Music mogul Simon Cowell's latest project, a reality TV dating show called Cupid, airs in the US on Wednesday.
TV's "Mr Nasty" is behind the scenes at Cupid
Cowell has become one of the most bankable faces on US TV after his rabble-rousing stints as a judge on American Idol.
His singular frankness in dismissing the show's less capable singers elicited the same kind of jaw-dropping disbelief that had UK Pop Idol viewers hooked.
With apparently bomb-proof self-confidence and an effortless - if untypical - English charm, Cowell has emerged as the TV star the US loves to hate.
His notoriety reached a record audience in May when 38 million Americans tuned in for the final of the reality TV talent search, which chose a singing star out of thousands of hopefuls.
Along the way the 43-year-old multi-millionaire, lampooned for his trademark dress of black designer sweater and jeans, has also become something of a sex symbol.
Cowell's celebrity status is now such that it is he - as executive producer - who features in Cupid's promotional campaign, rather than the show's host.
Cowell is moving into TV production
He has set up his own TV production company, Simcow, and signed for another three series of Fox's American Idol. A second British series is also on the way.
It is not a bad outcome for the former EMI postboy who has been described variously by his detractors as smug, snide and rude.
Sometimes it seems as if the enigmatic Cowell has built his whole public profile on his supposed "cruel streak".
Tom Jones reportedly wanted to punch him, while fellow American Idol judge Paula Abdul "despised" his treatment of some performers.
How much of his withering disdain is an act has been a matter of debate, but those closest to him insist it is not in the least contrived. He has a reputation for searing honesty among his loyal friends.
When everyone else is going right, that's the time I know to go left
Long before he became king of the TV putdown, Cowell was making his name and fortune as a musical talent-spotter.
As former head of Artist and Repertoire at RCA Records, he helped to nurture big-selling acts such as Westlife, Five and Robson and Jerome.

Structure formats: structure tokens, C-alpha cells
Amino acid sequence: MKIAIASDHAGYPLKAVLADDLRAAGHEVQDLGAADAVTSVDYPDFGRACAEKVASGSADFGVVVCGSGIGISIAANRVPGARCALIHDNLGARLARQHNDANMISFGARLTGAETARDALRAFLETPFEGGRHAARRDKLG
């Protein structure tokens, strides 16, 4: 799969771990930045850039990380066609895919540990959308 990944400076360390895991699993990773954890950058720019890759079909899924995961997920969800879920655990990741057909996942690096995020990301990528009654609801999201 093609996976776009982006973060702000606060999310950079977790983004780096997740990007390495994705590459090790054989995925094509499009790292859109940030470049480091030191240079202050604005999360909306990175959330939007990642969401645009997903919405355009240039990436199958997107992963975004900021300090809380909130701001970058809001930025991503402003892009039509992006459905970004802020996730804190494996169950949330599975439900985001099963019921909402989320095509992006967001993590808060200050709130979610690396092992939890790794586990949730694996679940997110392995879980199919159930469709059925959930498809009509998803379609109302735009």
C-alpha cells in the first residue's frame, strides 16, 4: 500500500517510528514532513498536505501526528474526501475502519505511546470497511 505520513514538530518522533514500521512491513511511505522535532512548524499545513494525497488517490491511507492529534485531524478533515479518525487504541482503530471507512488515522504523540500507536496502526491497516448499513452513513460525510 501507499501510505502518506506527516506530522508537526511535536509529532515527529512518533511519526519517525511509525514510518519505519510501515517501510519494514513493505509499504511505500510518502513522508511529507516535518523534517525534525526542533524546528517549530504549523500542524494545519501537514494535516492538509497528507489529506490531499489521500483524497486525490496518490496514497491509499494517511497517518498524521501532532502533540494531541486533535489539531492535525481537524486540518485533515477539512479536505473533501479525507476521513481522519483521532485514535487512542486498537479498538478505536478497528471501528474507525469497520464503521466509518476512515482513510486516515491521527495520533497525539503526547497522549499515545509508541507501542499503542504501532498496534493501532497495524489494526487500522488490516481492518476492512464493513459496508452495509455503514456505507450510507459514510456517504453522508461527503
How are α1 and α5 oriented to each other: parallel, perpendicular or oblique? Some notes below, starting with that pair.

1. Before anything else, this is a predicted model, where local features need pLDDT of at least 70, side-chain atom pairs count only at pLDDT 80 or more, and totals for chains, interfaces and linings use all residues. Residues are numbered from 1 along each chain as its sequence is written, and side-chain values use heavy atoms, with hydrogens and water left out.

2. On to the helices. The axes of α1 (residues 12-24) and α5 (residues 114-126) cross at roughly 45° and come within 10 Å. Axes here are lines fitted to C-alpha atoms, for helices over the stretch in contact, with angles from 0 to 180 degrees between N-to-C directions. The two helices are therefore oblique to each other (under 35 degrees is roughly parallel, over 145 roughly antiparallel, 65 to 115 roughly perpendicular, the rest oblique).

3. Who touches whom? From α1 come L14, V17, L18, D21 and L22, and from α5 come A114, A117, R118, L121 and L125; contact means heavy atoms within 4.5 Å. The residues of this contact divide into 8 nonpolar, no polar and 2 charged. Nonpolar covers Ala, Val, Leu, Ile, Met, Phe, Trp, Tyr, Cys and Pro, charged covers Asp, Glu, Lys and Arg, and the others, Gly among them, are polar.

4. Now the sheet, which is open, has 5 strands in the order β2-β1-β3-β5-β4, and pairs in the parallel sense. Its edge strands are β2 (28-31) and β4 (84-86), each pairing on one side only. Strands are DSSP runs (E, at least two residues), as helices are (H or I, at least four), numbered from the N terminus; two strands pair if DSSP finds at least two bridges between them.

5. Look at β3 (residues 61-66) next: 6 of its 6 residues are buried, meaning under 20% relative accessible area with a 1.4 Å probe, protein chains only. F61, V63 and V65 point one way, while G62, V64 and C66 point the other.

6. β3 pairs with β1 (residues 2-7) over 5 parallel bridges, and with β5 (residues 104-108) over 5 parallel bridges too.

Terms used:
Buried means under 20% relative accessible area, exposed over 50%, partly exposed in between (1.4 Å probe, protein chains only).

At the same time he began working closely with Simon Fuller, the man who brought the world the Spice Girls and S Club 7 through his 19 Entertainment management company.
Cowell helped Fuller to develop the Pop Idol concept which has had such a seismic impact on the record business in the past two years.
The former music A&R man has amassed a fortune
Cowell is now focusing his energies on producing TV shows - and many US commentators are backing his unerring belief in his own instincts.
"I desperately want to build a production company that will expand on my record company," he said in a recent interview with the LA Times.
"People always try to predict what the audience is going to want to see. When everyone else is going right, that's the time I know to go left."
With characteristic brio, he added: "I'm quite sure this show (Cupid) will work."
He seems impervious to personal hurt, ignoring his media critics - and brushing off a recent slew of tabloid speculation about his sexuality.
"I'm not gay and I've never fantasised about sleeping with a man," he told the Mail on Sunday. "My only motivation is success and money."
I don't care what people think about me
A self-confessed perfectionist, Cowell drives a Ferrari and lives in a large home in leafy Holland Park, west London.
He told the paper he has had up to 100 girlfriends - his current partner is 30-year-old TV presenter Terri Seymour.
Ian Hyland, the Sunday Mirror's TV critic, said he could see why Cowell had reached the heady status of sex symbol.
"He's funny, he's charming and he's quite good looking," said Hyland. "He's got twinkly eyes, he's very charismatic.
Cowell admits to being a perfectionist
"I'm told he wants to do TV shows now rather than appear in them. I think he looks at what Simon Fuller has done and he wants a piece of it."
He already has a reputed £30m in the bank, but as Cowell says, hinting at the drive behind the ego: "Money is fantastic. It's the best thing in the world.
"It changes you as a person. It gives you confidence."